On Wednesday, the United Nations warned that the crisis is leading to civilian deaths and abuses.

“The reports of extrajudicial executions, including of health care workers; abductions; denial of medical care; and restrictions on movement out of the city are particularly disturbing,” Nicholas Haysom, head of the U.N. mission in Afghanistan, said in a statement.

More than 100 civilians are reported to have died and at least 6,000 residents have fled the fighting, adding to an already strained refugee situation in the area, the U.N. reported.

Beyond the outskirts where security forces claimed to have made some progress, the streets in the center of Kunduz were largely empty except for roving Taliban gunmen, according to residents.

“It is very quiet outside today, you can hear shooting in the distance, but the streets inside the city are quiet, shops are closed, and people barely walk,” said Najib, who, like many Afghans, goes by only one name.

“No one wants to go outside now, because we are scared of the bombardment,” he said, referring to expected fighting as government forces try to dislodge the insurgents from neighborhoods.

Witnesses also described food shortages as shops and bakeries remained closed, house-to-house searches by gunmen and rumors of executions. Meanwhile, Taliban vehicles flying the group’s white banner continued to patrol the streets.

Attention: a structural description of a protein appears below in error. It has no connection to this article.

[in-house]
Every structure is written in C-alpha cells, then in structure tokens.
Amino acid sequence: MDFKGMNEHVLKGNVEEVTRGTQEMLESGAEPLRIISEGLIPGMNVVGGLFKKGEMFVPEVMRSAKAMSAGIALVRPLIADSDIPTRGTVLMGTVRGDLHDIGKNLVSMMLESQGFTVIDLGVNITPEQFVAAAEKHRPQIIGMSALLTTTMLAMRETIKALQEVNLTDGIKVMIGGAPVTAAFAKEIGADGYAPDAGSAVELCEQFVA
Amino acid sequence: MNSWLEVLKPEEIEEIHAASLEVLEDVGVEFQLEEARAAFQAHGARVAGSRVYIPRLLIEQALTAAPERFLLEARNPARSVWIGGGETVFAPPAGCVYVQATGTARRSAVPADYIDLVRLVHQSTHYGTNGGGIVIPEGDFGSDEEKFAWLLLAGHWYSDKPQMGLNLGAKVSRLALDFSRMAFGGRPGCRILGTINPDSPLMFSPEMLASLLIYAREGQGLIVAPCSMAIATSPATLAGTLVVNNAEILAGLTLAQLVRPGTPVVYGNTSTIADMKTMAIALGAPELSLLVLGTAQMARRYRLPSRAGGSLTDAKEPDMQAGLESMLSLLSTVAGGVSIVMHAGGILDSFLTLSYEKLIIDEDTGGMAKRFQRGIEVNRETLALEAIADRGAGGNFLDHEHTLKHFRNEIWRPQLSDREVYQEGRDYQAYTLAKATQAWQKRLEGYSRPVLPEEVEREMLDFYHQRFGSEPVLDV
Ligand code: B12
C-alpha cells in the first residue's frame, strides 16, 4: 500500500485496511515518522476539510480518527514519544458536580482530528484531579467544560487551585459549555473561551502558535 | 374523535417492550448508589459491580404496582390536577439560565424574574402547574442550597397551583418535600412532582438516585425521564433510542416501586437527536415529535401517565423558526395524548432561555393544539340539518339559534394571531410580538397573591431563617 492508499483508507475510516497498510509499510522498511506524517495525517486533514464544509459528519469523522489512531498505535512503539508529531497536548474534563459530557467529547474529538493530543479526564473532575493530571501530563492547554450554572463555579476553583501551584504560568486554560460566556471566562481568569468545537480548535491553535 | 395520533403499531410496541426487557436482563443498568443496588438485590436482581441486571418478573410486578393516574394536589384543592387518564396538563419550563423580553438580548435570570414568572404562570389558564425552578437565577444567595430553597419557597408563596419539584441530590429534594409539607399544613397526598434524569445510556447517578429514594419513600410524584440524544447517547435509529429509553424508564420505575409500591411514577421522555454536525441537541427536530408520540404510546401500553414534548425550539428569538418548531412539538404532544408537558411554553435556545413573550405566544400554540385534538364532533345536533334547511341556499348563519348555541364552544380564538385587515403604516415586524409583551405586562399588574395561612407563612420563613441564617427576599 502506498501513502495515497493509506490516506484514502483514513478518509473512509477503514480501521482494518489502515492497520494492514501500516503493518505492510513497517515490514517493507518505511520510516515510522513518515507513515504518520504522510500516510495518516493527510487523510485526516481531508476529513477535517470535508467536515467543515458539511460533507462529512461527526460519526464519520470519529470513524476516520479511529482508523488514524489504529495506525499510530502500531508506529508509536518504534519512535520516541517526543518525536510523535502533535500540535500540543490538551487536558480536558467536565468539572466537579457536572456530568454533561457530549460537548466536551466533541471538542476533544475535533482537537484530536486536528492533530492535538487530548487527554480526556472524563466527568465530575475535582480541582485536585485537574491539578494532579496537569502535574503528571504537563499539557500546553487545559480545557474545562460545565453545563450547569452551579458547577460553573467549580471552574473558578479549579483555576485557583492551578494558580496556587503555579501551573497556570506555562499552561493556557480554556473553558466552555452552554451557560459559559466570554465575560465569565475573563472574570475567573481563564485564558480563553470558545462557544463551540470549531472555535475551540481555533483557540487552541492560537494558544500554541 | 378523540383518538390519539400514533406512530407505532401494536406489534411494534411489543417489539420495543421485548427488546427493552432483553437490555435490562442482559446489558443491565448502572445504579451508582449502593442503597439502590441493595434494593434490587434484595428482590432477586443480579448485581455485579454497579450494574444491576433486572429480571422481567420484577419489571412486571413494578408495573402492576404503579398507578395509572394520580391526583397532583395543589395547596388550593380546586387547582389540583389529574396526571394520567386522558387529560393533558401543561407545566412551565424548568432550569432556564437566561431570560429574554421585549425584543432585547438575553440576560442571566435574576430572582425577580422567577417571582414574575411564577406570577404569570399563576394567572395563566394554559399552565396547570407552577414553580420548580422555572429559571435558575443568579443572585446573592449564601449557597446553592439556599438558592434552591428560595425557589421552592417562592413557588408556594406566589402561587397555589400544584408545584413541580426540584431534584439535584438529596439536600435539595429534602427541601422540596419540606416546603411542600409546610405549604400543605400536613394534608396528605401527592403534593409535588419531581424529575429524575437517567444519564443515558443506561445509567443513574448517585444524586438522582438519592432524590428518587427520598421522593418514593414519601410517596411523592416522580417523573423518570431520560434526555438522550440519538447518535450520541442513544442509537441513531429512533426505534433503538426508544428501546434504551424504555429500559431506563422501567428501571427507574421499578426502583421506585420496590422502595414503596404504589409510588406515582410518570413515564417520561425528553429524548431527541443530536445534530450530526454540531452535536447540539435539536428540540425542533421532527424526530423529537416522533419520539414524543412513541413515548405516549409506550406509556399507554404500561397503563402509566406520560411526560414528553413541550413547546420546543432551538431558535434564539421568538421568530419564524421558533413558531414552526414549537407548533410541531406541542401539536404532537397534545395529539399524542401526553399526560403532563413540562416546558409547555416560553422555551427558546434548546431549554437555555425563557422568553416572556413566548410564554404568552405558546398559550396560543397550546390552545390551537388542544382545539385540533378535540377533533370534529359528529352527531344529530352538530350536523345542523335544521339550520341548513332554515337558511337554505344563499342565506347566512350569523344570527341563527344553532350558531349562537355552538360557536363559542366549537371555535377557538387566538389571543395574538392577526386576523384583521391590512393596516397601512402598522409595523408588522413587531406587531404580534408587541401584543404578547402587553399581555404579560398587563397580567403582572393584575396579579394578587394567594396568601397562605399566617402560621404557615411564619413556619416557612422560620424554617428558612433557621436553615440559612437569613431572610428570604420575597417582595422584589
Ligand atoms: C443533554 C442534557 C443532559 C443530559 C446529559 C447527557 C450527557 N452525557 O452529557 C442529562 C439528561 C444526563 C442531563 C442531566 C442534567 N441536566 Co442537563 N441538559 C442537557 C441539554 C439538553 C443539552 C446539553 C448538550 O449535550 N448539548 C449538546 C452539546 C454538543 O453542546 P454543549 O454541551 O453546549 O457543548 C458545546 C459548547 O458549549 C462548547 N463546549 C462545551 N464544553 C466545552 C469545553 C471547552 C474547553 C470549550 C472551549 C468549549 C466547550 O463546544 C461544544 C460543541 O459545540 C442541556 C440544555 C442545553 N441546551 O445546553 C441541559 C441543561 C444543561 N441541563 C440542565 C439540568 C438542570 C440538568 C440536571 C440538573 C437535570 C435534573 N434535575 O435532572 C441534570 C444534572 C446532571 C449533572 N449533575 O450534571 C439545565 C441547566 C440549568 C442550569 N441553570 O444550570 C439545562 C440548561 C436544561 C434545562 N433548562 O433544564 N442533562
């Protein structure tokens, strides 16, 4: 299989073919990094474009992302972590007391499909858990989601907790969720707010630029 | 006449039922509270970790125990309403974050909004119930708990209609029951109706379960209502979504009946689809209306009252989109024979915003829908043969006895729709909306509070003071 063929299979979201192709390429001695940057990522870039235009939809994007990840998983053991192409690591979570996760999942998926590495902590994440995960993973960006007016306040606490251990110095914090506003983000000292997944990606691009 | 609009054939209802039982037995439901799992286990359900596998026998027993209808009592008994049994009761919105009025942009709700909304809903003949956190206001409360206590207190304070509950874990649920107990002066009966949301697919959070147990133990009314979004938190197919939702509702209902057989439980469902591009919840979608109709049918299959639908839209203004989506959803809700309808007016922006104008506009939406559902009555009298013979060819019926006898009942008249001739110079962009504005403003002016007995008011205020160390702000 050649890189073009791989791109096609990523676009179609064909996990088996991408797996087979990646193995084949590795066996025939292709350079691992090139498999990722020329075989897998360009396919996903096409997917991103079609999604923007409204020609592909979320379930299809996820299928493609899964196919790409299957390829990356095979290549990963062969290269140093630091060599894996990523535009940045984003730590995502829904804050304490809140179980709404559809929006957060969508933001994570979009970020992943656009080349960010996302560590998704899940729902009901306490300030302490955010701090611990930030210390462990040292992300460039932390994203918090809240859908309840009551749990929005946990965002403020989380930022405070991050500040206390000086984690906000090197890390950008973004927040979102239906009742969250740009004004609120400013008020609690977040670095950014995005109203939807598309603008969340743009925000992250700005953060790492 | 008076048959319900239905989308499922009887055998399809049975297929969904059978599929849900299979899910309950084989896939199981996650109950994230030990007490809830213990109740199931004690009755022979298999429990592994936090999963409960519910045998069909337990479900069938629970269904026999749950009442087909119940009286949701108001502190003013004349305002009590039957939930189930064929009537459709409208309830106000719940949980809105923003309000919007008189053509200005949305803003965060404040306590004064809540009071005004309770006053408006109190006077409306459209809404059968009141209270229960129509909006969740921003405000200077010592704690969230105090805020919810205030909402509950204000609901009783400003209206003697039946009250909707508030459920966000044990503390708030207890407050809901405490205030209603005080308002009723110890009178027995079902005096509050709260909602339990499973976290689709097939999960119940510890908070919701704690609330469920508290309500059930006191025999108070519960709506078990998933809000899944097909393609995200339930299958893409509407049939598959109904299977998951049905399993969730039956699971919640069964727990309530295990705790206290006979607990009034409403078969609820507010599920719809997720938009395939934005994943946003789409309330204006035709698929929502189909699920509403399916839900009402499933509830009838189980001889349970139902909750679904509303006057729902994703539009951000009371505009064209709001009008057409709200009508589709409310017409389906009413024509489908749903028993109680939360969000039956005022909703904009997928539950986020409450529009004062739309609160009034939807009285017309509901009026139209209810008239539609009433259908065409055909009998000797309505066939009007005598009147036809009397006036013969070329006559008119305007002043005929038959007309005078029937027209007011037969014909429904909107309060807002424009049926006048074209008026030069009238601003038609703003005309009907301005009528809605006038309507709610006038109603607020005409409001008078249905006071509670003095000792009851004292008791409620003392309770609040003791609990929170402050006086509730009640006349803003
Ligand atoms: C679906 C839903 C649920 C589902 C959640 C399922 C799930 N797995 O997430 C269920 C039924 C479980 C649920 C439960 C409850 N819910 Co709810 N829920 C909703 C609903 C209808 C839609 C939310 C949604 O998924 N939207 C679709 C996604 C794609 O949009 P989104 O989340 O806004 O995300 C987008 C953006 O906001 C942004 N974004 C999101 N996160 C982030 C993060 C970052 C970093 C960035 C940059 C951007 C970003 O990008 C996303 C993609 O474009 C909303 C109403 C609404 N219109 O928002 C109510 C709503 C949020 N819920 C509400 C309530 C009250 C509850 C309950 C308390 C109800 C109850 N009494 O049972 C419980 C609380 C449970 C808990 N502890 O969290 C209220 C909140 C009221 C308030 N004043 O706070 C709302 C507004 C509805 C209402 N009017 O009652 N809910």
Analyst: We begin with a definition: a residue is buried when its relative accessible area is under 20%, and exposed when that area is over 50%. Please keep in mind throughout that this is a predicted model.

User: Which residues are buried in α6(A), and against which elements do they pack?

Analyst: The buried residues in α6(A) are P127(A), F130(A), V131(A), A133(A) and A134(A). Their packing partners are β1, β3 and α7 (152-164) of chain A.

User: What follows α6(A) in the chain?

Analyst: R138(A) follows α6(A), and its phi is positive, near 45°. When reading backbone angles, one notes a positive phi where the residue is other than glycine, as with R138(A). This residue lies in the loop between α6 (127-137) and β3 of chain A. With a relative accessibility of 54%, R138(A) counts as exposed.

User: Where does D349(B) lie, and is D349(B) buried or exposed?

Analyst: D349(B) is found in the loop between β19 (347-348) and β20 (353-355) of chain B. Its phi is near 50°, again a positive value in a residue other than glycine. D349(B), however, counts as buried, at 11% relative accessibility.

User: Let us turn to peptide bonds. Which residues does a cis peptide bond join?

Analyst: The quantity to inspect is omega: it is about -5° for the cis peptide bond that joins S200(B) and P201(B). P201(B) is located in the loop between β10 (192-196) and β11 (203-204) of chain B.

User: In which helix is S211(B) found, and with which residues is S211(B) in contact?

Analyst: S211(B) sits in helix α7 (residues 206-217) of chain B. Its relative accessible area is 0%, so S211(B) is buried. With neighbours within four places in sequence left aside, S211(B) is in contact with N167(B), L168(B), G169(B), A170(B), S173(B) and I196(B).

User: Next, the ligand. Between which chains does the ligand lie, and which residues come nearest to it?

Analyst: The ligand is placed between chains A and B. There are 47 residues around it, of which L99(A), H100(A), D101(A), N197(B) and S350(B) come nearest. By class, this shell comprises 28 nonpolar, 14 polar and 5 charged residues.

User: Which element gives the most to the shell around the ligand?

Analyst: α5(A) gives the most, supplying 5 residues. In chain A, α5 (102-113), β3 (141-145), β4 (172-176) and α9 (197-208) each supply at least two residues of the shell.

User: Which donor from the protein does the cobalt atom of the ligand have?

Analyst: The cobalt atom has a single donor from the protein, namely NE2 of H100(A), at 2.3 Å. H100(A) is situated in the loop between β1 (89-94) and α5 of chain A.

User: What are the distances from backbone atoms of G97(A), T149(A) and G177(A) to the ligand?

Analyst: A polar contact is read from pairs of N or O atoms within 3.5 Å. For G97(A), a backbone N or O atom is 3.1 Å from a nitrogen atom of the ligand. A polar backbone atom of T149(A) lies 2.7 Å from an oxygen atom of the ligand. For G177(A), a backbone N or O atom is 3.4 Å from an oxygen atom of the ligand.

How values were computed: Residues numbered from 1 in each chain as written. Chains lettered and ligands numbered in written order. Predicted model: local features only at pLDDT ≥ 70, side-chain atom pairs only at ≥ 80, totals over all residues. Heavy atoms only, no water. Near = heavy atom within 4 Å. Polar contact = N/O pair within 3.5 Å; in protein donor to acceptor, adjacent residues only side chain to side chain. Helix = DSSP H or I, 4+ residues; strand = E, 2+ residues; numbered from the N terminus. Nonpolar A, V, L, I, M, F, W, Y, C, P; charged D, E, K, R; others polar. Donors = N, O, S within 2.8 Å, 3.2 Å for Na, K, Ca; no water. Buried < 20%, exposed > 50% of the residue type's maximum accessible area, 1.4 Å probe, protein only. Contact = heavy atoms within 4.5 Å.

The loss of Kunduz has struck a major blow to the coalition-trained Afghan forces, who until now had been lauded by coalition officials for their ability to hold their own against the insurgents during this year’s fighting season, the first since the coalition ended its combat mission.

In Washington on Tuesday, Defense Department spokesman Peter Cook acknowledged the loss of Kunduz was a “setback” but said security forces are up to the challenge.

In Kabul, meawhile, top Afghan security ministers faced angry questioning by members of parliament, who summoned the heads of intelligence, and the defense, and interior ministries as well as the national security adviser, to answer for the collapse of security forces in Kunduz.

The first to arrive, intelligence chief Rahmatullah Nabil, publicly apologized for the loss of Kunduz before being ushered into a closed-door session to brief lawmakers on plans to win the city back.

Some lawmakers called for President Ashraf Ghani, who marked one year in office on Tuesday, to resign, Reuters reported.



Taliban Seizing Northern City


By Gul Rahim

Yahoo News

September 28, 2015


Kunduz (Afghanistan) (AFP) – The Taliban Monday seized half of an Afghan provincial capital, sending panicked residents fleeing as the hardline Islamists for the first time breached a major city since being ousted from power in 2001.

 Marauding insurgents hoisted their flag over the main square of the northern city of Kunduz, freed prisoners from the local jail and set fire to the local intelligence agency headquarters, witnesses and officials said.

The Taliban’s incursion into Kunduz barely nine months after the NATO combat mission ended marks a major psychological blow to the country’s Western-trained security forces.

“Half the city has fallen into the hands of Taliban insurgents,” Kunduz police spokesman Sayed Sarwar Hussaini told a news conference, adding local forces had not yet received promised reinforcements from Kabul.